Chapter 9 - True learning: the fun-fast way

Home | TLR Contents | Search | Discussion | Events | Own the Book | UNLIMITED Learning Preview | Contact us

Click to see and/or print this poster

Search The Learning Web Site

 

True learning: the fun-fast way

301


UNLIMITED Learning - the new learning revolution and the seven keys to unlock it.

  2. A presentation format that involves all your senses and is both relaxing, fun-filled, varied, fast-paced and stimulating;
  3. Creative and critical thinking to aid "internal processing";
  4: "Activations" to access the material, with games, skits and plays, and plenty of opportunity to practise;
  5: The transfer to real-life applications and connections;
  6: Regular review and evaluation sessions; and with them opportunities to celebrate learning.

1. The best learning "state"
 
  Not surprisingly, each of those principles works best for an adult in almost the same way it works early in life, when learning develops quickly and easily through exploration and fun.

Orchestrating the environment
 

  Can you imagine a two-year-old youngster learning by sitting still on a classroom seat all day? Of course not. She learns through doing, testing, touching, smelling, swinging, talking, asking and experimenting. And she learns at a phenomenal pace.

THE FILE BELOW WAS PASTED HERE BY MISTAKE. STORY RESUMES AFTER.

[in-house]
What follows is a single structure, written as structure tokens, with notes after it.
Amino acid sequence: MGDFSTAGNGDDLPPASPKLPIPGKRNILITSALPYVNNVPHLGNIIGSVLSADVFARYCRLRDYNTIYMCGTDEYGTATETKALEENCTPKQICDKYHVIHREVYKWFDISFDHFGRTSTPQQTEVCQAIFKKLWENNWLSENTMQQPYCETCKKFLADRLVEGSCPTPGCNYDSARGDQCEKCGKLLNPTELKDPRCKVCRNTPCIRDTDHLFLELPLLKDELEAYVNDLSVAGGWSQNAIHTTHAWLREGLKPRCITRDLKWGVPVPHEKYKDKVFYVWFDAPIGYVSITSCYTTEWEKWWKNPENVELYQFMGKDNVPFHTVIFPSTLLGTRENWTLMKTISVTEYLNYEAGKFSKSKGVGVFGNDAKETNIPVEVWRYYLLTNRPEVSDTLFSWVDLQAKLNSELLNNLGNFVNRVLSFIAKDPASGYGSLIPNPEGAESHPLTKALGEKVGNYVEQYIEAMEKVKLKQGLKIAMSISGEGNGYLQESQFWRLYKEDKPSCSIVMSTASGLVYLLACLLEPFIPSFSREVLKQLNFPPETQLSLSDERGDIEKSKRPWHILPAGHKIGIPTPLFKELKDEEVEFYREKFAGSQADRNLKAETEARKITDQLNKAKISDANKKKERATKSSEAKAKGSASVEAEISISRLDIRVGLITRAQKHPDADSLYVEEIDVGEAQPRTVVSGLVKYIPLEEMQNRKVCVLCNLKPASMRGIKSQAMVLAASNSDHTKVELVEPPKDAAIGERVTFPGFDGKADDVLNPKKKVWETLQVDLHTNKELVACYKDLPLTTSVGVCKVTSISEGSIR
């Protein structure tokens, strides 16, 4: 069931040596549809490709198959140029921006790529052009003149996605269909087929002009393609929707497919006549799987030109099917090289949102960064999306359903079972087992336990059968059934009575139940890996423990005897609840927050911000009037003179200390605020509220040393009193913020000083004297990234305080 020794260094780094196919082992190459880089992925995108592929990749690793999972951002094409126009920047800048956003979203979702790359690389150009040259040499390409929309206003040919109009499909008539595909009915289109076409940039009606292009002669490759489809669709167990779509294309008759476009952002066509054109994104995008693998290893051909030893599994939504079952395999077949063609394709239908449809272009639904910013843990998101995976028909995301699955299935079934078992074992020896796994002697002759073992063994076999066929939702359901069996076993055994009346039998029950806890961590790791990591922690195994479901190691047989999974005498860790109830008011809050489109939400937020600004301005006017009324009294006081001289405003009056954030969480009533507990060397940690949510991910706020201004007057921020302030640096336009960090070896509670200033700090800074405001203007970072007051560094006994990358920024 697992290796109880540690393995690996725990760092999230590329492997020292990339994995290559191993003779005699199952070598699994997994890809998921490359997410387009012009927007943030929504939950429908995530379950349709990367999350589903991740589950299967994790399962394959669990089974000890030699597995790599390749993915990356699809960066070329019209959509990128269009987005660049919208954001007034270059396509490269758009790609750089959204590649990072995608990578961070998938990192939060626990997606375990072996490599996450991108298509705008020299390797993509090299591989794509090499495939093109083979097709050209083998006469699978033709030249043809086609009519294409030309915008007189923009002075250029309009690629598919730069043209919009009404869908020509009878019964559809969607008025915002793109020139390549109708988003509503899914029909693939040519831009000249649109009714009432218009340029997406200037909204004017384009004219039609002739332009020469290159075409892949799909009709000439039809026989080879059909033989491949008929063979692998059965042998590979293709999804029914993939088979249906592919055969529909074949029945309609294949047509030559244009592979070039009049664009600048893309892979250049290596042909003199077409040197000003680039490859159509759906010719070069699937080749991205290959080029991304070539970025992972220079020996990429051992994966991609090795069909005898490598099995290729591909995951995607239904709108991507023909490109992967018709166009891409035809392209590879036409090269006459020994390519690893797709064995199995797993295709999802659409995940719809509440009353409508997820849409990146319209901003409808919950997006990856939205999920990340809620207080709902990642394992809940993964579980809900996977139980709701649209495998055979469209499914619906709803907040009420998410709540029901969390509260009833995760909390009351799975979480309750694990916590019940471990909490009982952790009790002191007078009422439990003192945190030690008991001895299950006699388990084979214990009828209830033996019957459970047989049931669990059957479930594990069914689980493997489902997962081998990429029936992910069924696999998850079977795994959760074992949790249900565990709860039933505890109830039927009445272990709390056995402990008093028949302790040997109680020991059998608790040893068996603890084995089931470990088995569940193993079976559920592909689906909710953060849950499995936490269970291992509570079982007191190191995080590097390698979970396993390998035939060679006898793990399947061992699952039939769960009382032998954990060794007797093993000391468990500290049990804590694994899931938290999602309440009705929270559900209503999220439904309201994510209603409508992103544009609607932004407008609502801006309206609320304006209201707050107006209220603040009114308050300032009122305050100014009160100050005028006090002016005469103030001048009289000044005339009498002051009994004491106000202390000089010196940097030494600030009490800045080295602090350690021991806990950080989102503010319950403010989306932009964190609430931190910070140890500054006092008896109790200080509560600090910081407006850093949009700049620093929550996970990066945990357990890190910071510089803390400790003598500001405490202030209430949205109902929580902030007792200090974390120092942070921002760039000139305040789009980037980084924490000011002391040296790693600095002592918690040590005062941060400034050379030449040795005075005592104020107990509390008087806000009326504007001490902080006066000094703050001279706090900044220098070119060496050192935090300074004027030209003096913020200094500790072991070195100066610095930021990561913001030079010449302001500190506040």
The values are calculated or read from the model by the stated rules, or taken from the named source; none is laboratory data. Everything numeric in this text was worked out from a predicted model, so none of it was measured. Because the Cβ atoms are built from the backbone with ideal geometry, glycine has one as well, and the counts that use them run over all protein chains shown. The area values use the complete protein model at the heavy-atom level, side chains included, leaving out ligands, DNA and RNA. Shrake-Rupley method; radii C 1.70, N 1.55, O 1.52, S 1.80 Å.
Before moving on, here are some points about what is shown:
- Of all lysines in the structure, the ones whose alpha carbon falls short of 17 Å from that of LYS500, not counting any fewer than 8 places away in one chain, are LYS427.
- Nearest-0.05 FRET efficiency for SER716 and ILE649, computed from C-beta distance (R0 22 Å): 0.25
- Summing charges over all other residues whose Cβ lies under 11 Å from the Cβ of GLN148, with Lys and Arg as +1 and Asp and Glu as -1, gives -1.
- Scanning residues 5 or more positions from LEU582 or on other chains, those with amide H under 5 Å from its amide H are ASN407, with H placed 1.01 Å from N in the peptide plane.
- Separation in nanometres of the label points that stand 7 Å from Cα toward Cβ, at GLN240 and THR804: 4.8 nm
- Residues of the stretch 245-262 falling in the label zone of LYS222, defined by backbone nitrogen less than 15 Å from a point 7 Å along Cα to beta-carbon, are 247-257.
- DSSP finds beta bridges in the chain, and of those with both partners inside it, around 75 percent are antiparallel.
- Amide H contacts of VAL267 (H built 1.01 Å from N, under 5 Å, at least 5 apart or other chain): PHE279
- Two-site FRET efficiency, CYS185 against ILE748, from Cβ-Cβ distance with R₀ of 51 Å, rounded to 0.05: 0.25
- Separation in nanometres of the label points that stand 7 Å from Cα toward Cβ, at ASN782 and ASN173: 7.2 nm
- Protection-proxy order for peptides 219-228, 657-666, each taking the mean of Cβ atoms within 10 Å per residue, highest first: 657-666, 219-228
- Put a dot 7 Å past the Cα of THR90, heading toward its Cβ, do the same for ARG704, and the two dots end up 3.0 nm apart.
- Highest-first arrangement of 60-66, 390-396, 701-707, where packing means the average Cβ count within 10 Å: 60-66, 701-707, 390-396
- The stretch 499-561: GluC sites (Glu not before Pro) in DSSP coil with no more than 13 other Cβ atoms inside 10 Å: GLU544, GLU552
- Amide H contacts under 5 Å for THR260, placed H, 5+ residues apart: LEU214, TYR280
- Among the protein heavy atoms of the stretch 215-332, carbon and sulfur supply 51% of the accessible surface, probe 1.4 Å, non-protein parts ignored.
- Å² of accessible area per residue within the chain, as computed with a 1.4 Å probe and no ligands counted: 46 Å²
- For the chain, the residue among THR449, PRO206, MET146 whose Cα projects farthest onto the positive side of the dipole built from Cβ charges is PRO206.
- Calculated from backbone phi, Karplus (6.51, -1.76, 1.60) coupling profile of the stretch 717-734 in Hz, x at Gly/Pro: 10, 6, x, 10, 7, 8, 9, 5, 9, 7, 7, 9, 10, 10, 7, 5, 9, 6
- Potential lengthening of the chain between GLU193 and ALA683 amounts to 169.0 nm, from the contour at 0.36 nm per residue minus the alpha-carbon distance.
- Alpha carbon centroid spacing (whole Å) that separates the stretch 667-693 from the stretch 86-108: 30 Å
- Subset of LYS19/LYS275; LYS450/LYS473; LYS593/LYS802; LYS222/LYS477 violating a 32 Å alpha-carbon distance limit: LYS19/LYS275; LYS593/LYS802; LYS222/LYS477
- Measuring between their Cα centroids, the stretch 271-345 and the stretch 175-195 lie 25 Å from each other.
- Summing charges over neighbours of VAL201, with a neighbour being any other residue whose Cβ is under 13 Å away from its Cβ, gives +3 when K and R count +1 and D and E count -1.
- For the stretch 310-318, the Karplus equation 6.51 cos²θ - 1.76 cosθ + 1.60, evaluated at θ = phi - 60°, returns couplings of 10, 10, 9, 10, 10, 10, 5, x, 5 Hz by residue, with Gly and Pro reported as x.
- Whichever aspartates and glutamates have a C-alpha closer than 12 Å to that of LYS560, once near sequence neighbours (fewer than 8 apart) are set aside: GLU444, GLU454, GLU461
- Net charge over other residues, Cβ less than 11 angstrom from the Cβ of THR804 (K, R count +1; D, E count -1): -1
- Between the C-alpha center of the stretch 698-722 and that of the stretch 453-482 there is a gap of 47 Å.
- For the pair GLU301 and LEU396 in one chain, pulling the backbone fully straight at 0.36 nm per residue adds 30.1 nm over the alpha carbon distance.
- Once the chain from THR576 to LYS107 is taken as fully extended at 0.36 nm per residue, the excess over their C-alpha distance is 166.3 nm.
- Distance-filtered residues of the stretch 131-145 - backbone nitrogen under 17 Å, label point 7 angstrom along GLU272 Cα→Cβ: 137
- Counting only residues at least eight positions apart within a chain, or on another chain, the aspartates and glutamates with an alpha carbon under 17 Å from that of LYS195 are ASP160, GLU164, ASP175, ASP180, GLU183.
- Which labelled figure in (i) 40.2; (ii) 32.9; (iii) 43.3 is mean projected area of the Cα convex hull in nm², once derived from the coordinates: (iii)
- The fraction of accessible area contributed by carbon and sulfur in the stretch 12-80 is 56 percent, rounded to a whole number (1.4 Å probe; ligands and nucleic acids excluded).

She is highly suggestible, and absorbs information from everything that goes on around her - her total environment.
  But once she gets past kindergarten, too often education starts to become boring. The fun disappears. In many classrooms around the world, youngsters are told to sit still, in straight rows, listening to the teacher and not exploring, discussing, questioning or participating.
  Good teachers know that's not the best way to learn. So they plan a classroom setting that facilitates easy learning. They use fresh flowers for scent and color. They cover the walls with colorful posters, highlighting all the main points of the course to be covered, in words and pictures - because it seems highly likely that most learning is subconscious. Students absorb the lesson-content even without consciously thinking about it.
  More and more teachers have music playing to establish the mood as students enter the classroom. Many use balloons and swinging mobiles to create an almost-party atmosphere.
  " The total atmosphere must be non-threatening and positively welcoming,"11 says Mary Jane Gill, of Maryland, U.S.A., formerly in charge

 

Contents Page   Preface    Introduction